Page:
Following their own footsteps down an entirely different path, best friends Kate Harris and Melissa Yule left Istanbul to continue a year-long tour of transboundary protected areas (TBPAs) along the Silk Road.
With concern that these outlaying ecosystems are especially vulnerable to the effects of climate change, the women intend to record their expedition – visually and in script – to draw international attention to these legendary, beautiful but decidedly rugged areas.
This will not be the first time the pair have taken on long-distance biking, since they traveled across the States and through Xinjiang and Tibet in Western China, so they are well-equipped for their journey.
Only this time, their travels have taken on a particular significance. Rather than a simple travel documentary, Kate and Mel are interested to meet with locals, conservationists and scientists along the way to determine whether TBPAs are an effective tool for peace-building in a fractured reason.
Much like the Middle East experiences on its borders, Israel and Jordan share a polluted river, Israel and Lebanon spar over natural gas, conflicts arise over natural resources that spill across countries. As they become increasingly scarce, those conflicts are likely to escalate.
Their journey began in Instanbul, where they interviewed Dr. Sedat Kalem, director of WWF-Turkey, about transboundary conservation in the Caucasus mountains. They have since left to bike along the Black Sea coast on donated Seven Cycles and in approximately one year, 10,000 miles of rugged terrain later, they will land in India.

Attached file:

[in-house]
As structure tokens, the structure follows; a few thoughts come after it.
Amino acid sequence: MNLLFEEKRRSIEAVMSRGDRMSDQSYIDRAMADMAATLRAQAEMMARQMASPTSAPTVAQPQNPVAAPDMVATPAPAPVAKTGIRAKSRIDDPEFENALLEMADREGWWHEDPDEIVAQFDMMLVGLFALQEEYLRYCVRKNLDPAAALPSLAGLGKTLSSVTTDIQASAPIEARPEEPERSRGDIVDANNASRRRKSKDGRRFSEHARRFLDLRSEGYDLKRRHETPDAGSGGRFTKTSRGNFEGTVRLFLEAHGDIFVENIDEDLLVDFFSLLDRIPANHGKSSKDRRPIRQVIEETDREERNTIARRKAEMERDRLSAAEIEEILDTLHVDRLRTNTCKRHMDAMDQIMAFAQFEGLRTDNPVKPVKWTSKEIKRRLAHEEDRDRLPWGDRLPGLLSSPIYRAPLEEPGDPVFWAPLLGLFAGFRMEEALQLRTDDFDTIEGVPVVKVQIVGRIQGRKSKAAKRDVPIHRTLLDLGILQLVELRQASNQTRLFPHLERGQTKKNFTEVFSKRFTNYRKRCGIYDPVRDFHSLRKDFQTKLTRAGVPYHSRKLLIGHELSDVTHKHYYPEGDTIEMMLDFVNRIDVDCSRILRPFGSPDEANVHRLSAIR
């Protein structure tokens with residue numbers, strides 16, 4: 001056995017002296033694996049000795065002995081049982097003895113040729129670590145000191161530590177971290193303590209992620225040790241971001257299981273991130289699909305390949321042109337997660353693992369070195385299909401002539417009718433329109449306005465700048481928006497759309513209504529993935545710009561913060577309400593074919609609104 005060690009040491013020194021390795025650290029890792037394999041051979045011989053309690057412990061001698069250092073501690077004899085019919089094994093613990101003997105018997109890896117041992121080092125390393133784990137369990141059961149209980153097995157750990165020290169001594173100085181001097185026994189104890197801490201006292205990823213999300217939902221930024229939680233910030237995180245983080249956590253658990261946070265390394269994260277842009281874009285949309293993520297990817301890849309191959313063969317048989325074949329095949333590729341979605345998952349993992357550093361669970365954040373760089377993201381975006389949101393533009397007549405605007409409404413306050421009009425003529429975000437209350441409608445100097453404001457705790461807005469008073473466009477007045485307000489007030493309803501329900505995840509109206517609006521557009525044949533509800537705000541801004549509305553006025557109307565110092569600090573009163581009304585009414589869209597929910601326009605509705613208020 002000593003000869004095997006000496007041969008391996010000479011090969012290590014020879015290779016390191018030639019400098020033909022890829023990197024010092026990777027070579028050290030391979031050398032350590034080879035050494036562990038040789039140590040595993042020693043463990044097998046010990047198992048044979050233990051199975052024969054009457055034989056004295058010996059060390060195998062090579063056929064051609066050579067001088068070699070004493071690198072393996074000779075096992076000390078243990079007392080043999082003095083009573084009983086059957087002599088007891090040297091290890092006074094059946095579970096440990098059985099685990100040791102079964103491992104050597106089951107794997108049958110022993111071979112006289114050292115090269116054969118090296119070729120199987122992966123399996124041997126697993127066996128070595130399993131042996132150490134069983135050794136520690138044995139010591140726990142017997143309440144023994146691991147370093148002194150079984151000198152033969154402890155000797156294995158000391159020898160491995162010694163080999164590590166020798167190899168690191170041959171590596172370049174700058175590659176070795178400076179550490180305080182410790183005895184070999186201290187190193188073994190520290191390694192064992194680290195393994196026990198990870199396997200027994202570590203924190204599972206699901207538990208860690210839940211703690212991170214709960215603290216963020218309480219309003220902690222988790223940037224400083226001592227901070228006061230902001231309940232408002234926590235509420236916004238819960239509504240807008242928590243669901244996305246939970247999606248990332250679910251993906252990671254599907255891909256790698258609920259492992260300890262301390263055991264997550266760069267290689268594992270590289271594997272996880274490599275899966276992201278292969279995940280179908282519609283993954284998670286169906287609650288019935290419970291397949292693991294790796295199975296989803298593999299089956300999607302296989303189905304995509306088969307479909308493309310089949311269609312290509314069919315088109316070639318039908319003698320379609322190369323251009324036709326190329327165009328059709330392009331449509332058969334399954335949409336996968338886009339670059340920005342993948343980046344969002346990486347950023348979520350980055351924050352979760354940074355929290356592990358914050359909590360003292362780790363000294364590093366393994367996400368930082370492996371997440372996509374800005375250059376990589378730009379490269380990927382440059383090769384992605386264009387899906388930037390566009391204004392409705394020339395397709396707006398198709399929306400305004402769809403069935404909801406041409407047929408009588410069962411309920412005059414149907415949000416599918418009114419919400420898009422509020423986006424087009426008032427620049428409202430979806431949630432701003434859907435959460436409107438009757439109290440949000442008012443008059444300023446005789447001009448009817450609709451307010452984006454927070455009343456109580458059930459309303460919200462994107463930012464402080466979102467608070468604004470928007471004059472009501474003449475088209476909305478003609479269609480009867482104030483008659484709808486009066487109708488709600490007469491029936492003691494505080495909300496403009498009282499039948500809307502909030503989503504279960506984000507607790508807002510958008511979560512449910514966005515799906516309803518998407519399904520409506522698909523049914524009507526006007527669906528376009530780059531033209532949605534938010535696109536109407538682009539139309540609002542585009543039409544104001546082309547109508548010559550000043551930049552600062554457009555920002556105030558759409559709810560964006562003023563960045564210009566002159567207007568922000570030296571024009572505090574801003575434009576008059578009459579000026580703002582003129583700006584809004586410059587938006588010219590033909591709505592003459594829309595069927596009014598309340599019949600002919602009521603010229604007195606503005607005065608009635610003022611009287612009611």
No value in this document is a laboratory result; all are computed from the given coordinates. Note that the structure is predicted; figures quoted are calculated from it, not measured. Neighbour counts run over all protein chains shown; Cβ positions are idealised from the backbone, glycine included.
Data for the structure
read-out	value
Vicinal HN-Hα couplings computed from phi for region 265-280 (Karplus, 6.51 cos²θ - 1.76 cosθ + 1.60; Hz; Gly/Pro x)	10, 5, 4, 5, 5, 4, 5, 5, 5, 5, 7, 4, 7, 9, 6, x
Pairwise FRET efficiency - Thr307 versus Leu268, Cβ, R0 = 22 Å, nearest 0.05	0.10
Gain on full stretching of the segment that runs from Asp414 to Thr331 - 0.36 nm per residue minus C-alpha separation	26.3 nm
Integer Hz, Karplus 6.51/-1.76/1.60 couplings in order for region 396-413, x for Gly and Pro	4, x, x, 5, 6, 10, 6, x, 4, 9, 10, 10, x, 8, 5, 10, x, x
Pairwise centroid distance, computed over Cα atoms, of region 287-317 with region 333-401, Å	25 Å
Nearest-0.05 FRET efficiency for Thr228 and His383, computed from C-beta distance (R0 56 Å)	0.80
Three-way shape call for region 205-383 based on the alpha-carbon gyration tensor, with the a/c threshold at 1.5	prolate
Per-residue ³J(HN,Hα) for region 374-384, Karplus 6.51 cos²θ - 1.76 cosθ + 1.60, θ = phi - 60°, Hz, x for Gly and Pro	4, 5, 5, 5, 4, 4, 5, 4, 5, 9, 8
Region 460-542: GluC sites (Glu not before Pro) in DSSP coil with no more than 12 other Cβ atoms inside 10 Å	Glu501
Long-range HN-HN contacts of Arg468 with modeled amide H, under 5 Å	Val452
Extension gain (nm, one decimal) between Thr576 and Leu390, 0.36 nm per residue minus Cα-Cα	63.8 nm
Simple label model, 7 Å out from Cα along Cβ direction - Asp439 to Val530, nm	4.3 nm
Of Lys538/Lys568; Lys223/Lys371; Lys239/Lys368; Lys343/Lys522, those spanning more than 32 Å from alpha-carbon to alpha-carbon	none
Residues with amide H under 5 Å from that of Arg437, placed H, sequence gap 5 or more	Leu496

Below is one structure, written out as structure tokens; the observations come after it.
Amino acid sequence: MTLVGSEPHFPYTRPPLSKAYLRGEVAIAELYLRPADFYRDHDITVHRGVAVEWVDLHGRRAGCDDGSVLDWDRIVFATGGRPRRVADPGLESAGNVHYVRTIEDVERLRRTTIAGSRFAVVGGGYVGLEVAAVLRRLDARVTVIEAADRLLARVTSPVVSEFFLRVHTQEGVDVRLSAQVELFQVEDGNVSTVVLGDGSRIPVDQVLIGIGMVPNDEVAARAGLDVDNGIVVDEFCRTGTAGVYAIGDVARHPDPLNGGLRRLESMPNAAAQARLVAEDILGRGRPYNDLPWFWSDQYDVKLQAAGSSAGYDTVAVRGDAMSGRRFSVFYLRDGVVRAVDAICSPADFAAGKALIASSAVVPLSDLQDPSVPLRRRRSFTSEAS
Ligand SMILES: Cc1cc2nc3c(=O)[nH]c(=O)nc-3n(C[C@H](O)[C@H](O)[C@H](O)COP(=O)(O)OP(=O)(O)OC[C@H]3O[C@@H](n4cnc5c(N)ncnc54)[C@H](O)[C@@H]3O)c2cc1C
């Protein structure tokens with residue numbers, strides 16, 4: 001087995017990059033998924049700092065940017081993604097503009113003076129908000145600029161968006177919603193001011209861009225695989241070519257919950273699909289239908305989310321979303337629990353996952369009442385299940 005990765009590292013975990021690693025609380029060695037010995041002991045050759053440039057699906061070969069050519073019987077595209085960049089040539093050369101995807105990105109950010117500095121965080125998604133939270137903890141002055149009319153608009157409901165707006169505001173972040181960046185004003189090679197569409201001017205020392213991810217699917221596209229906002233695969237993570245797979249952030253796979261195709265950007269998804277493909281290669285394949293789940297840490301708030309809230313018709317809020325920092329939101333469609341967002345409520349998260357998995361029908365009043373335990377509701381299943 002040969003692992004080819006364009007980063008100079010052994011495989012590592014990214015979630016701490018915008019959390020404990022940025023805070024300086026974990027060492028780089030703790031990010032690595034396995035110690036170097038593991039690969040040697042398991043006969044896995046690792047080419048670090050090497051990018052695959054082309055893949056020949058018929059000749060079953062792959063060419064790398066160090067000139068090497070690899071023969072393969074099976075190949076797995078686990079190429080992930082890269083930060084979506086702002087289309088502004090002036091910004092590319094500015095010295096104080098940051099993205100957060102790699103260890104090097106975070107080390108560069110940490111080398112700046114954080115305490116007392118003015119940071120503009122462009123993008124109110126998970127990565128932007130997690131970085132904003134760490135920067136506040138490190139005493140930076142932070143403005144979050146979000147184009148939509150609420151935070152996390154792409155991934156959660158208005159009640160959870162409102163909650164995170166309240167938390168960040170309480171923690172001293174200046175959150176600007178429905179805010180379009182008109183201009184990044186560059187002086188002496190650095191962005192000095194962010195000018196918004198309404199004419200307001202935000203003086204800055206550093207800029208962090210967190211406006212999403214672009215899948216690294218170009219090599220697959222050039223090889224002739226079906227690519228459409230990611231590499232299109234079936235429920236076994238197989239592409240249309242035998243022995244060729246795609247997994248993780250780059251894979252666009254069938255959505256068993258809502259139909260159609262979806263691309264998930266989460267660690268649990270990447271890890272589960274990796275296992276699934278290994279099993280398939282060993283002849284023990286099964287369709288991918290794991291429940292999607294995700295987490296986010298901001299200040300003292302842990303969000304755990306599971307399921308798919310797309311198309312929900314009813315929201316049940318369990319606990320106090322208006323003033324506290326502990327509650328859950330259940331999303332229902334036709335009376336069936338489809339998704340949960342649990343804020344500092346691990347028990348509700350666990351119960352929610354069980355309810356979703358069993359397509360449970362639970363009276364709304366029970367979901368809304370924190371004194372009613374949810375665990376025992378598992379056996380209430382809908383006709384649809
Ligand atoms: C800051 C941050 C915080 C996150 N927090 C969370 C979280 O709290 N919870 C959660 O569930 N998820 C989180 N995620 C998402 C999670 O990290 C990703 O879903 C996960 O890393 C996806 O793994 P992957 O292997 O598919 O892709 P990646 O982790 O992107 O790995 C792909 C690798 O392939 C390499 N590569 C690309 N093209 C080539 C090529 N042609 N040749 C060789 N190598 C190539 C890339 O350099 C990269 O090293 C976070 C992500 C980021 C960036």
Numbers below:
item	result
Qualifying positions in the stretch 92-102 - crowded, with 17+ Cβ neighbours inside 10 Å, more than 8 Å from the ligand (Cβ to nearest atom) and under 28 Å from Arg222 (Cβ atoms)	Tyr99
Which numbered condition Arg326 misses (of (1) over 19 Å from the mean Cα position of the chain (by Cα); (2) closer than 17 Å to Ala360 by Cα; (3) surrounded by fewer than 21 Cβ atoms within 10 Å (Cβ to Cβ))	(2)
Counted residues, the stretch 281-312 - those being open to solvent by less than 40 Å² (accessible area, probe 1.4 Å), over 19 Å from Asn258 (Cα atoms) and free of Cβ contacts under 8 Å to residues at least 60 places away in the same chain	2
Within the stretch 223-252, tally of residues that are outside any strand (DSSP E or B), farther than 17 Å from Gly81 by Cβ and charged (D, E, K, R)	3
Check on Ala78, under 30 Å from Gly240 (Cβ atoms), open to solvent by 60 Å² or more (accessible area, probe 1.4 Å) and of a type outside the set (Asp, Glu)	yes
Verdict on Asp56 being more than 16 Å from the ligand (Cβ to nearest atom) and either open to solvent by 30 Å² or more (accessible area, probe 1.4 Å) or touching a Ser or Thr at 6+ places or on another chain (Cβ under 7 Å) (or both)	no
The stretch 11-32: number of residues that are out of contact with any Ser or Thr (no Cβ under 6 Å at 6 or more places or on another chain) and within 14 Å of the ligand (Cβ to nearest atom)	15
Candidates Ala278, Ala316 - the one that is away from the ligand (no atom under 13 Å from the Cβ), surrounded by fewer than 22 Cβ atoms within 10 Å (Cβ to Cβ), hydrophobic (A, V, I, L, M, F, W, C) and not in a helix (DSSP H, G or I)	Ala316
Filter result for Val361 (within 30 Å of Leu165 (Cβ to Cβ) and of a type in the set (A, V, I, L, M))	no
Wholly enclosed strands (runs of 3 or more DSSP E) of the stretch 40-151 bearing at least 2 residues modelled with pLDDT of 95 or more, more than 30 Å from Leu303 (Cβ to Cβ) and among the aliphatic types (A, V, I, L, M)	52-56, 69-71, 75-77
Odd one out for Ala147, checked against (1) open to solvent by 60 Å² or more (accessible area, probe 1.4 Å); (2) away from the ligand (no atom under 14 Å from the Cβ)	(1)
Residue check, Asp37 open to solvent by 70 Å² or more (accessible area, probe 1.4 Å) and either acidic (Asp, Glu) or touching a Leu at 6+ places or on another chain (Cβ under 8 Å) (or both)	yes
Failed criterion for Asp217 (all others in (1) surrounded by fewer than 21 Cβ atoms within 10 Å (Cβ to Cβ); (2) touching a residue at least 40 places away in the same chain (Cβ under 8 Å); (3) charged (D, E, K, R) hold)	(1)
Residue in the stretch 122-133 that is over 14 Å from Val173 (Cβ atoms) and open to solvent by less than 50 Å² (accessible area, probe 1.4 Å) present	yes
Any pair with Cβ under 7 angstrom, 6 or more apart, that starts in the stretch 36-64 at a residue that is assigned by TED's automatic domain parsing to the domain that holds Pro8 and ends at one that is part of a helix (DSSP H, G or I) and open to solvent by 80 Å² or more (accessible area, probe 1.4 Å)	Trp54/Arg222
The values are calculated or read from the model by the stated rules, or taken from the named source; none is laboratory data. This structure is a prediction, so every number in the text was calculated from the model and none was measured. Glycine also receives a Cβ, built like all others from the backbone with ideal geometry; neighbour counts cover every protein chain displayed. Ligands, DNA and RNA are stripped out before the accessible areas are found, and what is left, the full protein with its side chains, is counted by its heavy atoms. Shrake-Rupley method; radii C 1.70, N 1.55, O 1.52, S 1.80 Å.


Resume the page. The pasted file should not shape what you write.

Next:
Other areas they will tour include what Treehugger called “the world’s highest battlefield” – the K2 Siachen Peace Park. A source of water for downstream communities, the disputed Siachen Glacier has riveted India and Pakistan for some time.
They will also visit the Pamir Mountains, where wildlife biologist George Schaller has been petitioning local governments on behalf of Marco Polo Sheep, a popular trophy for hunters in Tajikstan, Afghanistan, China, and Pakistan.
Kate wrote this in her latest Cycling Silk Blog Post:
But the Silk Road that most enchants me exists on the outskirts of itself, the spaces in between the fabled cities, where the road frays into trails leading to borderlands: mountains on the fringe of the humanly habitable; alpine desert ecosystems oblivious to the arbitrary lines that sever them on maps; the territory of nomads, snow leopards, dust storms and dreams.
Exploration for Kate and Mel has taken on a new dimension, a spiritual dimension and protective dimension. Those who travel know better what is at stake, and as these brave cyclists will go to extraordinary ends to ensure their continuity.
images via Cycling Silk Facebook Page
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